What is a good software architecture in a nutshell?
Yesterday Nils posted a new article on PHP hates me about starting quick and dirty rather than with a full blown architecture (German, here’s what Google translate does from it).
This produced the question: What is a good architecture and why are there apparently two opposing trenches supporting quality on the one side and speed of development on the other side?
After having had enough time to think about this whilst flying to Spain I came to the conclusion that Nils question whether it would be better to start quick and dirty to fail cheap in case the project is a looser or to stick to a clean and solid architecture and spend more time and money.
Does quick always have to be dirty, clean always have to be slow, is dirty always quicker?
There has been a comment that assumes that Facebook would not be online today if they concentrated on the architecture right away. After all stuff like HipHop took so long to develop. But that’s ridiculous! To scale for billions of users could never have been an early requirement! I am sure there will not be a single line of code of the first Facebook version left in todays application. But apparently the old code was well structured enough to be exchanged and extended.
I don’t think that a good architecture and quick and dirty are two sides of the same coin. I rather suspect that the idea of a good architecture is often misunderstood. So what is a good architecture?
- First it has to be pragmatic above all. It has to level with the original requirements and should not bloat the development costs out of proportion.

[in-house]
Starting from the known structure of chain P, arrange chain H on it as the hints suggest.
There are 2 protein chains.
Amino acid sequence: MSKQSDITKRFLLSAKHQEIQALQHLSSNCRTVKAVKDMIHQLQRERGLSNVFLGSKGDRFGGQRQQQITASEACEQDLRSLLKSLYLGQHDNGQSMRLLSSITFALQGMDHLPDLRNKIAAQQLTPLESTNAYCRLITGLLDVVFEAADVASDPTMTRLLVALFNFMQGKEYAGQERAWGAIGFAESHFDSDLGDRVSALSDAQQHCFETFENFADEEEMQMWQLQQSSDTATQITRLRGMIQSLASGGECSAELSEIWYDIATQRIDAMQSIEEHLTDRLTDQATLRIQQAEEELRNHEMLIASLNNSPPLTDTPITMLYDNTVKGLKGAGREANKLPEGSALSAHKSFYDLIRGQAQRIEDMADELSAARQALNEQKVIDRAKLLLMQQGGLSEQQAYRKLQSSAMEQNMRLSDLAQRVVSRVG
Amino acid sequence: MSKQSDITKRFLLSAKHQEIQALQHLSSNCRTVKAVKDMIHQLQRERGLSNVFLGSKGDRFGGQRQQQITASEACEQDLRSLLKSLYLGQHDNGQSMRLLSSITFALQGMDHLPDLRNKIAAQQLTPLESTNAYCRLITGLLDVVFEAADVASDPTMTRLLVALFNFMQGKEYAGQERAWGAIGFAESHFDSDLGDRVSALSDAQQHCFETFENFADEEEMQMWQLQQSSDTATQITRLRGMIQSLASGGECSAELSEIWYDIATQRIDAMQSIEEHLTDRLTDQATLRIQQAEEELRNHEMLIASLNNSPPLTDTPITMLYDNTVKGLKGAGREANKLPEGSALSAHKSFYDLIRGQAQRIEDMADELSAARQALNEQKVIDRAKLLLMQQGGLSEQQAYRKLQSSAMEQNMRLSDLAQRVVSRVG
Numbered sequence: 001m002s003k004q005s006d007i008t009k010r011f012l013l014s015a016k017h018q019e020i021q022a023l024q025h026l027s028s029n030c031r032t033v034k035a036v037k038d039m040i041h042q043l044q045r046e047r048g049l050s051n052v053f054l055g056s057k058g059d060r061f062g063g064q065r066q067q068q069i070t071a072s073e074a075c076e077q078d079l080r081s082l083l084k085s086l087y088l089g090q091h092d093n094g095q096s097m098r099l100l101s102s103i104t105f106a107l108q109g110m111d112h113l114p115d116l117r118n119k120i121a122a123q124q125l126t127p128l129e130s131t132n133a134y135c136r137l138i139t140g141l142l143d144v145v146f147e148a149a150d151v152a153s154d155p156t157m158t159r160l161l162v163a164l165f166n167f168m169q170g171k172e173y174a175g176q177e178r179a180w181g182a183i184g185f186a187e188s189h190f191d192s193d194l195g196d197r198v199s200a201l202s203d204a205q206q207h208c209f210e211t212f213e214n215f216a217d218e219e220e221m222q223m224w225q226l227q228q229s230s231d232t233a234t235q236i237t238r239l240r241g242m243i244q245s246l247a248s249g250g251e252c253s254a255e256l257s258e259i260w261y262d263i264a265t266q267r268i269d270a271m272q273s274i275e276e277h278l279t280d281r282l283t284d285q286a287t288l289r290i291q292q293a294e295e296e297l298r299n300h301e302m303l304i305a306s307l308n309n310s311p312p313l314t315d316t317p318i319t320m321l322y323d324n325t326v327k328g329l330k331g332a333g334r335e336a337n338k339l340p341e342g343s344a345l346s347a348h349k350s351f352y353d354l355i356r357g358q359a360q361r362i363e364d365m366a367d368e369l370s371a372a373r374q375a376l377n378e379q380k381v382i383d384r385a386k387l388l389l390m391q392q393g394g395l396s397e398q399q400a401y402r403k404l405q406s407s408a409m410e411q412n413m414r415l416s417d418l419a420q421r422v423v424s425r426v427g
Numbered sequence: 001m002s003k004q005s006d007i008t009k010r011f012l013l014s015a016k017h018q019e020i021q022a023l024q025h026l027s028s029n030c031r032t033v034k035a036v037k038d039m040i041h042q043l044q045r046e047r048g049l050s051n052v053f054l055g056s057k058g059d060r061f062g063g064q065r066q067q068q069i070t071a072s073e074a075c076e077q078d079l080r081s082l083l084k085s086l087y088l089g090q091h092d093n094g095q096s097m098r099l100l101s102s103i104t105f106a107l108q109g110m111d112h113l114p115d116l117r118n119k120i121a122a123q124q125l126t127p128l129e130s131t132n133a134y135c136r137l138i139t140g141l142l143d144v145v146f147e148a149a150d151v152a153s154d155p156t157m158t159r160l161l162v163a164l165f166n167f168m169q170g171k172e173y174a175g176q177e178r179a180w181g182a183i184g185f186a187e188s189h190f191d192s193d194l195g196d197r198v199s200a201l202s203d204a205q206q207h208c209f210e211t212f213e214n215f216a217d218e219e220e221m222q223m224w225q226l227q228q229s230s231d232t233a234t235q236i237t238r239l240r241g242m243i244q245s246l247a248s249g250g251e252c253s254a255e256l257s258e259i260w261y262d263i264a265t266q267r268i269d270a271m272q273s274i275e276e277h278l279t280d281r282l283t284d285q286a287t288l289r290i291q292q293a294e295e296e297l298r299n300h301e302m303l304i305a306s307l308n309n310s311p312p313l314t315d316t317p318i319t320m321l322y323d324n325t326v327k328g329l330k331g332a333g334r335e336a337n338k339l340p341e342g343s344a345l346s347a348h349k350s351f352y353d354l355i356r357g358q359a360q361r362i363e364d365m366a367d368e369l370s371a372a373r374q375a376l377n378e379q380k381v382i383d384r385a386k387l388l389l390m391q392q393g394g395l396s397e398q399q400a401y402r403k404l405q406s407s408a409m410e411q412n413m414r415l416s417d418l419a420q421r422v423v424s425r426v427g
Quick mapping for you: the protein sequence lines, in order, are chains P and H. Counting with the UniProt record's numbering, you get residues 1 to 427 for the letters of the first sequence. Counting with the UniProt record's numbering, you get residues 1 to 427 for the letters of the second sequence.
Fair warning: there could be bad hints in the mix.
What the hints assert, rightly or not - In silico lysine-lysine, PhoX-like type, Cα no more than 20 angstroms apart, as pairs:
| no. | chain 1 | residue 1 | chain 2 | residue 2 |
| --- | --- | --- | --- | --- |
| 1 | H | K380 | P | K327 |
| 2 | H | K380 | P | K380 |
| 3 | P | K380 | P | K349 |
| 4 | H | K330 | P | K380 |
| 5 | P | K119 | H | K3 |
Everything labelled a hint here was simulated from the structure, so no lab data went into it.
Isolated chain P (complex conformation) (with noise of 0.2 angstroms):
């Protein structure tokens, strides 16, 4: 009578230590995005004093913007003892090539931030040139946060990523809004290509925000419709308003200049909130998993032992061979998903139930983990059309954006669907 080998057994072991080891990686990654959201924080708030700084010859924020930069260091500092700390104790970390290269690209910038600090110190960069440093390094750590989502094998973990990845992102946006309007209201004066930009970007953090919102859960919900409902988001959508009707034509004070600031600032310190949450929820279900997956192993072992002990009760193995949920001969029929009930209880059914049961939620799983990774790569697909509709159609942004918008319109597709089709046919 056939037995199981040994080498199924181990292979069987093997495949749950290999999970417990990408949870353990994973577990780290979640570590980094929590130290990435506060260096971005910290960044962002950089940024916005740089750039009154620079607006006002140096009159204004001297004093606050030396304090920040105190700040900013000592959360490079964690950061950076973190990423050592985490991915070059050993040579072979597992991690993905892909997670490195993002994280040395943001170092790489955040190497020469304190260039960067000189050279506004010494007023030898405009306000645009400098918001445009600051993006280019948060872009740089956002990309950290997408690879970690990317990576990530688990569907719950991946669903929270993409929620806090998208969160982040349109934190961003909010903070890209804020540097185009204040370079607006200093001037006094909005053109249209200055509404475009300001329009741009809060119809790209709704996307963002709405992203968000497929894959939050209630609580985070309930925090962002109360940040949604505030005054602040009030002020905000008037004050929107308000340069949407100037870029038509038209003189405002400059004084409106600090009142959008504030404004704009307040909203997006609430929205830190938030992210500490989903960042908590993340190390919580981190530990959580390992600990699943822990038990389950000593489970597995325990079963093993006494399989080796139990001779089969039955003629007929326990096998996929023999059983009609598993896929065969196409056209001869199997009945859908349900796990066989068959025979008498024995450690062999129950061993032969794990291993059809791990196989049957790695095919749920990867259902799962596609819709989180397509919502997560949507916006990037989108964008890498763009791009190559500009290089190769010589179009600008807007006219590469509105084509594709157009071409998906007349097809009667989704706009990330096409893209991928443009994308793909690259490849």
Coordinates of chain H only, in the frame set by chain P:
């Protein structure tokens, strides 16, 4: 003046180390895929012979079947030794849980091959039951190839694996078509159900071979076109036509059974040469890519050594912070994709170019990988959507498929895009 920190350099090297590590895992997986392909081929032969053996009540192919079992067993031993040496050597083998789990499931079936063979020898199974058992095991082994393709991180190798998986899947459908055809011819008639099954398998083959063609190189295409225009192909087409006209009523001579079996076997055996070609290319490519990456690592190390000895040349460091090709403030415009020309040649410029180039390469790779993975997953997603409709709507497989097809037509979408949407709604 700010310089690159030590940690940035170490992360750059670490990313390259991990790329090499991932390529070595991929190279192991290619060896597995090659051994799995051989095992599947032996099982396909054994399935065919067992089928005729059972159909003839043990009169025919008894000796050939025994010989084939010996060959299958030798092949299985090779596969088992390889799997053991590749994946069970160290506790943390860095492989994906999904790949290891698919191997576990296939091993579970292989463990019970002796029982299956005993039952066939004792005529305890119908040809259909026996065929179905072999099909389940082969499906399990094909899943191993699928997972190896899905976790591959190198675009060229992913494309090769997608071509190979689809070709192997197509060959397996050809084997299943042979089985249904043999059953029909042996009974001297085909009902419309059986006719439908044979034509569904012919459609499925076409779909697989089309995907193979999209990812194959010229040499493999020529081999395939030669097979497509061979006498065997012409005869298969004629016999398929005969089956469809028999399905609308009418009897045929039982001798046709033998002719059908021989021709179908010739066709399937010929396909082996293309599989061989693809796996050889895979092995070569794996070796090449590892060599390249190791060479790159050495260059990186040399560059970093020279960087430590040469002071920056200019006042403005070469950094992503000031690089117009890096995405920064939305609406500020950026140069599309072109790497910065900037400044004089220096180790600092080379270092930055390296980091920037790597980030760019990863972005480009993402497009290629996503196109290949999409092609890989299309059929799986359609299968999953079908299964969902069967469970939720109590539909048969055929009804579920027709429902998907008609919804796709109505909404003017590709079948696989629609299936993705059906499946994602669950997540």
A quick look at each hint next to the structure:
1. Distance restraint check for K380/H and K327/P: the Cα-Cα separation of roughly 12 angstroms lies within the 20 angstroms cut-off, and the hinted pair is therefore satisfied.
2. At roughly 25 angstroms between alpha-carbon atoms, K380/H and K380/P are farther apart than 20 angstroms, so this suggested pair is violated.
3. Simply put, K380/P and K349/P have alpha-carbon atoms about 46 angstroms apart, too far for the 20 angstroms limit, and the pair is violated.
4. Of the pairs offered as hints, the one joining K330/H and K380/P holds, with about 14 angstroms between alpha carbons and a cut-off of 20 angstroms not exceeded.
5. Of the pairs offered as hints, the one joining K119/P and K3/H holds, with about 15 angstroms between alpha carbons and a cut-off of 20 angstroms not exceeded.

- The projects goal is to successfully implement the projects requirements and the architectures primary goal is to support the implementation.
You may think of syntax guidelines, naming schemes, doc comments, 100% unit test coverage, 100% funtional test coverage, UML, test driven development, behaviour driven development, single level of abstraction, ideal software metrics and so forth.
A pragmatic approach would tell you: Don’t fix it if it’s not broken!
- Do the developers have problems with each others syntax? No? Don’t concentrate on a syntax guideline then. Not now anyway.
- Do the developers make use of a generated API documentation? No? Never? Then why bother with doc comments?
- Is test driven development the prefered way of developing in your team? No, then don’t force it one them in a new project.
And the list of questions can go on.
My personal best practice when it comes to architecture and software quality is this:
Investigate if there are already existing software components that solve a chunk of your requirements and if they can be easily integrated into your environment. Yes? Then integrate them and benefit from not reinventing the wheel.
Try to identify the different concerns of your requirements and separate their implementations (this can easily be done by following behaviour driven development and domain driven design which are both easily understood and applied as they don’t bring new tools with them). But don’t go in to deep and instead start separating from the top (think classes first, then methods). Benefit early from avoiding side effects when changing parts fo the code (you will).
And that’s all. Really.
Of course this can be extended with all the above mentioned methods, processes and tools but this will do for a low budget start. Reusing existing components will reduce your development time and what’s more it will reduce the complexity of your own development. And Separation of Concerns (this includes an MVC pattern or similar) will help you to reduce the impact of change to any of the concerns.
Even most evil stuff like procedural code can be acceptable if separated by concerns as it can be easily refactored in the future (remember the boyscout rule).
These are my essentials to start a good and pragmatic architecture which is flexible enough to allow for later introduction of other measures. And from my point of view this is far from being quick and dirty.